Tieton Farm and Creamery

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BY REBEKAH DENN
PHOTOS BY CAROLE TOPALIAN

tietoncreamerysheep

It sounds like a cautionary tale: So, did you hear about the women who left their tech jobs and sunk their nest egg into a goat farm near Yakima?

Visit Ruth and Lori Babcock at the Tieton Farm and Creamery, though, and the cautions are few: The main concerns are following sanitation rules in the pristine cheesemaking building, or helping wrangle a few turkeys that snuck through the fence, or watching new piglets stampede to the trough. (“Eating like a pig,” Ruth says with a grin.) There’s time to admire the goats and sheep on the pasture, and to take in the scope of a beautifully unlikely farm in an unlikely place.

“These are pampered, pampered animals. That’s OK. We all need a little pampering,” said Lori Babcock, who handles the cheesemaking end of the business, while partner Ruth does the milking and animal care.

In the year since founding the farm, the creamery’s soft cheeses have already won fans from the Central Washington farmers markets to farm-to-table restaurants like Lark. The Babcocks are gaining a reputation for mild, pure cheeses that let their blend of goat and sheep milk speak for itself: It’s pasteurized at low temperatures and they use a light hand on the salt.

The creamery is “sort of the poster boy for the sort of small dairy we want to do business with,” said Leon Bloom, deli merchandiser of PCC Natural Markets, which carries the cheeses. “The goats live on the farm, they graze right on the farm. (Ruth) rotates the fences so they always have good grass to graze on, they do all the work themselves, they drop it off….

“The single best thing about them is how fresh the cheese is. It’s going from grass to milk to cheese to the store very, very, fast, much more so than anything else in the store—and it has to, because of the kind of farmstand chevre it is. It doesn’t last that long and there are no preservatives or anything like that in there.”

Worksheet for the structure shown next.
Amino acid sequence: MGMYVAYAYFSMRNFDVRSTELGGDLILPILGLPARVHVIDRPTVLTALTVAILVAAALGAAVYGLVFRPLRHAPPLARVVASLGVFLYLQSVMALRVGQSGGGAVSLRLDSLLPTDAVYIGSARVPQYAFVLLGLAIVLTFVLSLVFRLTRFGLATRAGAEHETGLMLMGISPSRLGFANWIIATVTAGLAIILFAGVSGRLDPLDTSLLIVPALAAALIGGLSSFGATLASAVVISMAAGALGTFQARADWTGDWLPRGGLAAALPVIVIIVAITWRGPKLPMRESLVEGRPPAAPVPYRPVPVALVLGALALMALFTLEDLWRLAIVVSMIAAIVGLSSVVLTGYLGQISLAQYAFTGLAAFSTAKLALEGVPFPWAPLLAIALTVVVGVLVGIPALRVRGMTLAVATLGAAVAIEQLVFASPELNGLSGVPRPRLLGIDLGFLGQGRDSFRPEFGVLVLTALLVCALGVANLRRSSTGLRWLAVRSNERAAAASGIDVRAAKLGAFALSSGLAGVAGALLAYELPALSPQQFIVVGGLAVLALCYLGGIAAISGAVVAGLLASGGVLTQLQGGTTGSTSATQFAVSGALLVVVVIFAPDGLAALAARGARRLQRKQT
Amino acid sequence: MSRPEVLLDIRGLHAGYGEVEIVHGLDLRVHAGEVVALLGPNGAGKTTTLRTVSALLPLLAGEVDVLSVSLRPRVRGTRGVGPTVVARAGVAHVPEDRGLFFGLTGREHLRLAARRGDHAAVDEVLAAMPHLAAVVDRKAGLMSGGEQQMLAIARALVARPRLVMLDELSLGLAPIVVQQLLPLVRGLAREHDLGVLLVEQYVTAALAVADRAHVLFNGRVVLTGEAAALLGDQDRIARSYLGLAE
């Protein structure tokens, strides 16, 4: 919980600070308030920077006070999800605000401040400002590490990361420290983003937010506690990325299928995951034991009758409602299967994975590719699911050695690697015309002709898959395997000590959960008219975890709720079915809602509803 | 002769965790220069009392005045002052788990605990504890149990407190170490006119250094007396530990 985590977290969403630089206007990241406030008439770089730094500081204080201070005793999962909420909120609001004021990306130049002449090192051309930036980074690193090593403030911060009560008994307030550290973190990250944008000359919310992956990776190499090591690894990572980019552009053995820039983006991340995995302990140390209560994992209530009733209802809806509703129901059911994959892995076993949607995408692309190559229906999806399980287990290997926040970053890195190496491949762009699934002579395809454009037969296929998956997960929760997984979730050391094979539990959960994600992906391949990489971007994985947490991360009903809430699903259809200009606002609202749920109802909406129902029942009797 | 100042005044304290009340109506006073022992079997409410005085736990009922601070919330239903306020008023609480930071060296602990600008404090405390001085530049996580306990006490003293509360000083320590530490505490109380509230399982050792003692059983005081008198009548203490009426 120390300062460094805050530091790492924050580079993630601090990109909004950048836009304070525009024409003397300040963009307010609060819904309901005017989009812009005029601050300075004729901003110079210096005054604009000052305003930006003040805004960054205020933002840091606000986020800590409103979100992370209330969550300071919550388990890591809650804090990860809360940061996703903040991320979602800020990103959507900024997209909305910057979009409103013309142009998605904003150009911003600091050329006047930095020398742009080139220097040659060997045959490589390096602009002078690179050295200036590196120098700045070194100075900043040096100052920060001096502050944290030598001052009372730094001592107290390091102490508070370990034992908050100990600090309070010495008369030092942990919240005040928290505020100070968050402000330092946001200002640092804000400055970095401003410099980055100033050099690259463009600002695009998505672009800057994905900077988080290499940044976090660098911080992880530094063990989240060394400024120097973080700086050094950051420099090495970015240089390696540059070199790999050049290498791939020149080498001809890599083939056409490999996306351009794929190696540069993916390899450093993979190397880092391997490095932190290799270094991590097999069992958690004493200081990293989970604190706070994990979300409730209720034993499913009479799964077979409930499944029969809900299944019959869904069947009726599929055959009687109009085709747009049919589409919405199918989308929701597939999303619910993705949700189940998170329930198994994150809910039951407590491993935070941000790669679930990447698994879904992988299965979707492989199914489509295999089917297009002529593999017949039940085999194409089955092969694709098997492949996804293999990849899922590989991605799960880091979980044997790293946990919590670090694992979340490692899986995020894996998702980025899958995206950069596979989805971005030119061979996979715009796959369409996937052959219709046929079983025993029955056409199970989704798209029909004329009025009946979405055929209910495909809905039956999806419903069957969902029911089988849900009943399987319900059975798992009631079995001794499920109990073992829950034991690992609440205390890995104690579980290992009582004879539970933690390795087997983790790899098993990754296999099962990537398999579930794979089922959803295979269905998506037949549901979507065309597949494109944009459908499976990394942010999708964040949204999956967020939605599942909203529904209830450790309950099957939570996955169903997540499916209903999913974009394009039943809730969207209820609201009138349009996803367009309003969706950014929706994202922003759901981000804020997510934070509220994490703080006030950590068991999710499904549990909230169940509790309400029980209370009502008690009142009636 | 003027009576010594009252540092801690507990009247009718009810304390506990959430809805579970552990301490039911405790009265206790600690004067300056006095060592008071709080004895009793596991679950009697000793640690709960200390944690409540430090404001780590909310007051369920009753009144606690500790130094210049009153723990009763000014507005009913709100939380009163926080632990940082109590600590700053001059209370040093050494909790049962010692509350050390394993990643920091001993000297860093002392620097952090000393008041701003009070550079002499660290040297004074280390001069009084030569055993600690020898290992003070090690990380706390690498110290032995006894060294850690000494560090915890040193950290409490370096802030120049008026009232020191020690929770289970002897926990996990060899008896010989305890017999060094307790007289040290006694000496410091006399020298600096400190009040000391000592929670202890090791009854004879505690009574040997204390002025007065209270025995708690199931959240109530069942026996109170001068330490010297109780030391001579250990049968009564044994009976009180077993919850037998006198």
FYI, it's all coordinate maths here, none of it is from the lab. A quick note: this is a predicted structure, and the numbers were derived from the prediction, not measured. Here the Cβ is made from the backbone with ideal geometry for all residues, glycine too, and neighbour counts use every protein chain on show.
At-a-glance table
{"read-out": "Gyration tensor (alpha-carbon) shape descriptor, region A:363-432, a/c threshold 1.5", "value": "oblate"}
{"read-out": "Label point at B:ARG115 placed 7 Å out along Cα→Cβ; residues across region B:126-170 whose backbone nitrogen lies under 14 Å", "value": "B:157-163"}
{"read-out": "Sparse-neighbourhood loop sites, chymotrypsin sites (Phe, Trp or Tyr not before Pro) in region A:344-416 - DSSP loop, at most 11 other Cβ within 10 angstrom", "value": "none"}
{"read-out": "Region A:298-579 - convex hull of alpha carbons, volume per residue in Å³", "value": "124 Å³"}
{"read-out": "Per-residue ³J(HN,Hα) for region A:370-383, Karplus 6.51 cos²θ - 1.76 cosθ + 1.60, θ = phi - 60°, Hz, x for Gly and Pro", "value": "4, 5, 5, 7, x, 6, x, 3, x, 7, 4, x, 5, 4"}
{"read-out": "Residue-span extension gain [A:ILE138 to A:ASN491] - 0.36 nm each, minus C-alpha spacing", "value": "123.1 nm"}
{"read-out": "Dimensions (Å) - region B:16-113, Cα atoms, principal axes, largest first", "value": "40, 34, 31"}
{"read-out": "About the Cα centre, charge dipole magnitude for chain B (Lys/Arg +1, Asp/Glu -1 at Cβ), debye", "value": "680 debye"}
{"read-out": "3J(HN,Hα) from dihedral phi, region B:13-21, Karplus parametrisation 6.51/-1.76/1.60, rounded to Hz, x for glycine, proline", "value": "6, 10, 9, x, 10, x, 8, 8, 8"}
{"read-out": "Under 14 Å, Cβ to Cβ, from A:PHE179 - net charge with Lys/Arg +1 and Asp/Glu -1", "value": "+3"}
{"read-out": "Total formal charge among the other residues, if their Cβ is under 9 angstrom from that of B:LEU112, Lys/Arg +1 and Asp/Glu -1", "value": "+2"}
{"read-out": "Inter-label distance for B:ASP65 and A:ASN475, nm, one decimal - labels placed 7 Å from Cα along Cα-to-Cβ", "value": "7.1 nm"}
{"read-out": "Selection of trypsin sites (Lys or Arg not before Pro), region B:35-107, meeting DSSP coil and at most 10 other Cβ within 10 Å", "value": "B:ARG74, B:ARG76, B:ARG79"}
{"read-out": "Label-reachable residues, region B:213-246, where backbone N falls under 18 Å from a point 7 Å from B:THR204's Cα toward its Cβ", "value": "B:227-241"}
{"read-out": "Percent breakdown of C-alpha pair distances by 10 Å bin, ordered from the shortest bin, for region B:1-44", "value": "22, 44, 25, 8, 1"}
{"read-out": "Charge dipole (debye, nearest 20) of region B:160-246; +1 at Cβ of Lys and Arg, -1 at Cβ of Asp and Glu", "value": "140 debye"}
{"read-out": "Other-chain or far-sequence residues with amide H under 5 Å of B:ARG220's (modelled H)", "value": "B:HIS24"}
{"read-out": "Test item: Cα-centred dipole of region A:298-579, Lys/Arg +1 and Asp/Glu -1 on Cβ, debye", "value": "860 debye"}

The Babcocks are charter members of “Mighty Tieton,” the deliberate revitalization of what was a failing orchard town. Seattle fine arts publisher Ed Marquand and his partner sparked the rebirth, renovating buildings around the classic grassy downtown square and nurturing a tiny but energetic arts community. Tieton now boasts the likes of a shop for hand-made prints and letterpress books, the stellar Harmony Orchards and Tieton Cider Works cidery, and a sound studio for composer Trimpin.

The Babcocks came to Tieton when their passion for gardening and animal-tending began to grow to a business, quickly outgrowing the land in Bellevue where Lori said they were “testing whether or not we really wanted to farm”. In Tieton, they found 21 acres, a welcoming community, and a new way of life.
Long-term plans are to build a bed-and-breakfast on the property, for what they hope will be the growing Tieton trade and for existing Yakima Valley wine tours. But their hopes for a bank loan for that project crashed along with the economy.

For now, they’re self-funded, but staying happily afloat, fueled by business classes and cheesemaking courses. (One nice boost was winning the $10,000 first prize in a recent Yakima County entrepreneurial contest). They sought out breeds of animals for the farm that filled a niche in taste, rather than aiming for high production. They raise Nubian goats, whose high-butterfat milk “simply rocks,” and Katahdin and East Friesian sheep. Ruth set up a mobile milking station that can be driven to the animals at milking time, rather than the other way round.